That said, let me recall one encounter: I dropped the bike off after the rear hub went out. I was disappointed to learn they'd have to have the part delivered and I'd be waiting a week. Anyway, I asked them to true the front wheel while they had it, and also check it over ("lifetime service"). A week later I pick it up and the front wheel is clearly untouched. I mention that and he trues it while I wait (without taking the tire off). I can only assume no "lifetime service" has been done, too. This is confirmed when I get home and realize the back brake is rubbing hard - the wheel they rebuilt. Sigh.

  31. #31
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    Quote Originally Posted by offtherack
    The bike is a Specialized Stumpjumper.
    FWIW; I've an '06, on which I've trashed the pivot bearings, rear hub and the shock has been warrantied three (or was it four?) times. The bike shop has no control over warranty issues or how long it takes to get a part.

    For the sake of playing devil's advocate, have you ever messed up at work? Heck, I know I have. We all make mistakes. Talk to the manager (nicely - don't be a pushover, but keep in mind anger and hateful language rarely yield positive results) before thrashing a (yet to be named) shop on the internet. They cannot give you something you don't ask for.

    I can say I've been very happy with the friendly, competent service I've had at the following:

    1. Golden Bike Shop
    2. Wheat Ridge
    3. Green Mountain Sports
    4. Edge Works/Bicycle Dr
    5. Turin


    I hear great things about Dave and Larry's shops, however, they're really out of my bubble.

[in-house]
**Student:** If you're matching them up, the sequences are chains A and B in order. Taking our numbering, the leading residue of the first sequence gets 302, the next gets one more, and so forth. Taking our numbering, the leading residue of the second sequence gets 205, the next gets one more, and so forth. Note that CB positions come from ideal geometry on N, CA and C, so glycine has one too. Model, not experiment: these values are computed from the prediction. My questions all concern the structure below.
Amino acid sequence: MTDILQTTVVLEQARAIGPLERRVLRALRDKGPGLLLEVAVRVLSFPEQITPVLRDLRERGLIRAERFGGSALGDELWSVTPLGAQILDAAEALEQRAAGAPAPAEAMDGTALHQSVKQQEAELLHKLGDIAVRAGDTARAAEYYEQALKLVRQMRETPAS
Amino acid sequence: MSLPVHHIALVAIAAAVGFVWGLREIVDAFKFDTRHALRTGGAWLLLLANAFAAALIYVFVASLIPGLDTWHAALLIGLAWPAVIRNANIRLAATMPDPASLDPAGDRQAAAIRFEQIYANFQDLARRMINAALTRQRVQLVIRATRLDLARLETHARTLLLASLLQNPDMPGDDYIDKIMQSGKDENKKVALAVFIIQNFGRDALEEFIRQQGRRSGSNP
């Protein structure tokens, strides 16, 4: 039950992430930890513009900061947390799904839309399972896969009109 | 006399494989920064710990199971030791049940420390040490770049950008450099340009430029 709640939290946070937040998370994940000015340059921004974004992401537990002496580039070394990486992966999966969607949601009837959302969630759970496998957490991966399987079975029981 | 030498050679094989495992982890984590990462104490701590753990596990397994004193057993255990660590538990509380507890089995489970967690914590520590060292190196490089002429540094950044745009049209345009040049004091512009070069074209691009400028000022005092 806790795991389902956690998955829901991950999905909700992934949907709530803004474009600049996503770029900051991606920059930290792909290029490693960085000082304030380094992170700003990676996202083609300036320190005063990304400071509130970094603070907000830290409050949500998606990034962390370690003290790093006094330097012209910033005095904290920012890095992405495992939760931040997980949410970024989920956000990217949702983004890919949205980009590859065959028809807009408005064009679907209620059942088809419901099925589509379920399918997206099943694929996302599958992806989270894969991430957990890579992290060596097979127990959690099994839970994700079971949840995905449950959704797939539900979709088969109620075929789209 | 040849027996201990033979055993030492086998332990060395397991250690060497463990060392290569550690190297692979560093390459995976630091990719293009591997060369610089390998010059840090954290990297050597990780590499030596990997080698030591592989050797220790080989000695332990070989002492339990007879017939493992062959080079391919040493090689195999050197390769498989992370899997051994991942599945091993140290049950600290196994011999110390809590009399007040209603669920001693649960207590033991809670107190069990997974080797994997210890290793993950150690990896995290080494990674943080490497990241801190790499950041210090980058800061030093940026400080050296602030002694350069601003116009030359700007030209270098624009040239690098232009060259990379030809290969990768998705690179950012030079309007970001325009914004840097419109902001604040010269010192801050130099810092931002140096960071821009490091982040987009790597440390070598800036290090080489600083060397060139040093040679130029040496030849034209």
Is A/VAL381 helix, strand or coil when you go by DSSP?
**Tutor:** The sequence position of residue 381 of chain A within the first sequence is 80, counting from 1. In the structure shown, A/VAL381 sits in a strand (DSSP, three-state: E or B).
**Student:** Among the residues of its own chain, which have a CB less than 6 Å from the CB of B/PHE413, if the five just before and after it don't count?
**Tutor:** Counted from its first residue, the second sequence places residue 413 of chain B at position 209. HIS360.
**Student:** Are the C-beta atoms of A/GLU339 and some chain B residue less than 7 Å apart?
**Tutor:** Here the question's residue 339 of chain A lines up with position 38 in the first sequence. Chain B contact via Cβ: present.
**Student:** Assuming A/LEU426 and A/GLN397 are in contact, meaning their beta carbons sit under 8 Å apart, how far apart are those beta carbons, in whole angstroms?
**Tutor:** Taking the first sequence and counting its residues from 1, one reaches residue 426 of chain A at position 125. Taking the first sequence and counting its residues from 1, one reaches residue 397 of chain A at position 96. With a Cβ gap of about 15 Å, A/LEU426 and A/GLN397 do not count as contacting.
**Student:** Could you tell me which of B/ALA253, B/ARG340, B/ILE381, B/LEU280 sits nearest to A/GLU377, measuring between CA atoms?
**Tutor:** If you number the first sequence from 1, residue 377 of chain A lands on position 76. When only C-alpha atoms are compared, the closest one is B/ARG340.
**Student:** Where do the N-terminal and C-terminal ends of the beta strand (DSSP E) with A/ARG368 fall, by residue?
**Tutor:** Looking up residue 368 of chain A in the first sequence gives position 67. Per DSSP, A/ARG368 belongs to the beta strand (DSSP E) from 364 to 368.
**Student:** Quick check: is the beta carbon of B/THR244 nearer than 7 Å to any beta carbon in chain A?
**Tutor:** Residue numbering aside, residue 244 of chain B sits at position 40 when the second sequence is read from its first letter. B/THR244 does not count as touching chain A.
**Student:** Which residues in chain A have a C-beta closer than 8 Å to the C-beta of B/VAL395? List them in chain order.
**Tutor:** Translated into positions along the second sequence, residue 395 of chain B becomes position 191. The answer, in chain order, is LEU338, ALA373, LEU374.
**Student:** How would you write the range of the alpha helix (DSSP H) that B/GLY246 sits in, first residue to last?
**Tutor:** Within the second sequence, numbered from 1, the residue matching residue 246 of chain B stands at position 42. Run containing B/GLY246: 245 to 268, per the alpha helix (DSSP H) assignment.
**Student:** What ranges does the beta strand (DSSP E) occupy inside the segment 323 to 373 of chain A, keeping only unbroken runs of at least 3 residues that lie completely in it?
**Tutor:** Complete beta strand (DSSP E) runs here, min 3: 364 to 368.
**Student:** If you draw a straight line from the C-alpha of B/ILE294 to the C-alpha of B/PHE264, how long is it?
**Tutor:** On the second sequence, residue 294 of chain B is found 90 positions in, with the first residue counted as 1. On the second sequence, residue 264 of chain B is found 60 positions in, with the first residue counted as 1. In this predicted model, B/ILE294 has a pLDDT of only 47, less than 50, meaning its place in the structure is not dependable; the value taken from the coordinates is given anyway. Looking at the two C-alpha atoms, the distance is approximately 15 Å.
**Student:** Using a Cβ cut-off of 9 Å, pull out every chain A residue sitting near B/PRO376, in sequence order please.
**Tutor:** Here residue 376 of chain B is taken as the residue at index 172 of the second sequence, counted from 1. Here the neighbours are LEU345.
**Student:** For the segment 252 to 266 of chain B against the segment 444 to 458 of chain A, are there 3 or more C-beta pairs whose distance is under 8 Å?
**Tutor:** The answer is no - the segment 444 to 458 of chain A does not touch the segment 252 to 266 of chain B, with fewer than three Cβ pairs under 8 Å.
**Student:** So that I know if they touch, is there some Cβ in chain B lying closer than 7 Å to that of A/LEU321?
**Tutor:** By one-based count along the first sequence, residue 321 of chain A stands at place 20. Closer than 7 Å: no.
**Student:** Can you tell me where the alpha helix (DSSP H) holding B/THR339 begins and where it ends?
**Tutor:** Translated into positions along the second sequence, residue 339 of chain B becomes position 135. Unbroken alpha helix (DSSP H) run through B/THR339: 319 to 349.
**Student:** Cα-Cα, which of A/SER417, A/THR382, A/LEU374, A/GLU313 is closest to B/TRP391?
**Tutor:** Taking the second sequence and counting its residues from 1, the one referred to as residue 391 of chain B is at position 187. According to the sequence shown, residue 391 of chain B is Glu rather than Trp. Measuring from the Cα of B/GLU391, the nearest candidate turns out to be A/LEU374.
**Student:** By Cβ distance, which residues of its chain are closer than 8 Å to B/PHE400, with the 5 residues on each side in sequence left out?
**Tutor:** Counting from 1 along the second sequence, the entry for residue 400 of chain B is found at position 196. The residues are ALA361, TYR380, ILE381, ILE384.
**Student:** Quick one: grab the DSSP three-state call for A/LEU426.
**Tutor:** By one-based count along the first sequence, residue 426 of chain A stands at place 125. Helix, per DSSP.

32. #32
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    For the love of Pete, NAME THE SHOP! You come on here b!+ching and moaning about how you've been wrong'd. How deep does that shop need to poke you before you realize protecting them does other shoppers not a DAMN bit of good?

  33. #33
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    Quote Originally Posted by hitek79
    Is 2 grand considered cheap?
    It's a lot of money for a bicycle.

    However, I tend to walk away from threads where the poster indicates how much they spent, as if there is extra entitlement involved with their money. It doesn't matter if they are right or wrong, but there's a strong correlation between their indication of the money off the bat and the outcomes of these kinds of stories.

  34. #34
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    Quote Originally Posted by Pau11y
    For the love of Pete, NAME THE SHOP! You come on here b!+ching and moaning about how you've been wrong'd. How deep does that shop need to poke you before you realize protecting them does other shoppers not a DAMN bit of good?
    I agree completely. If a merchant of any sort is doing poor business, they deserve to have that publicized and to deal with the ramifications of that publicity. Who knows, that publicity might serve as the impetus for improvement on their part.

    Msurk

  35. #35
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    Quote Originally Posted by msurk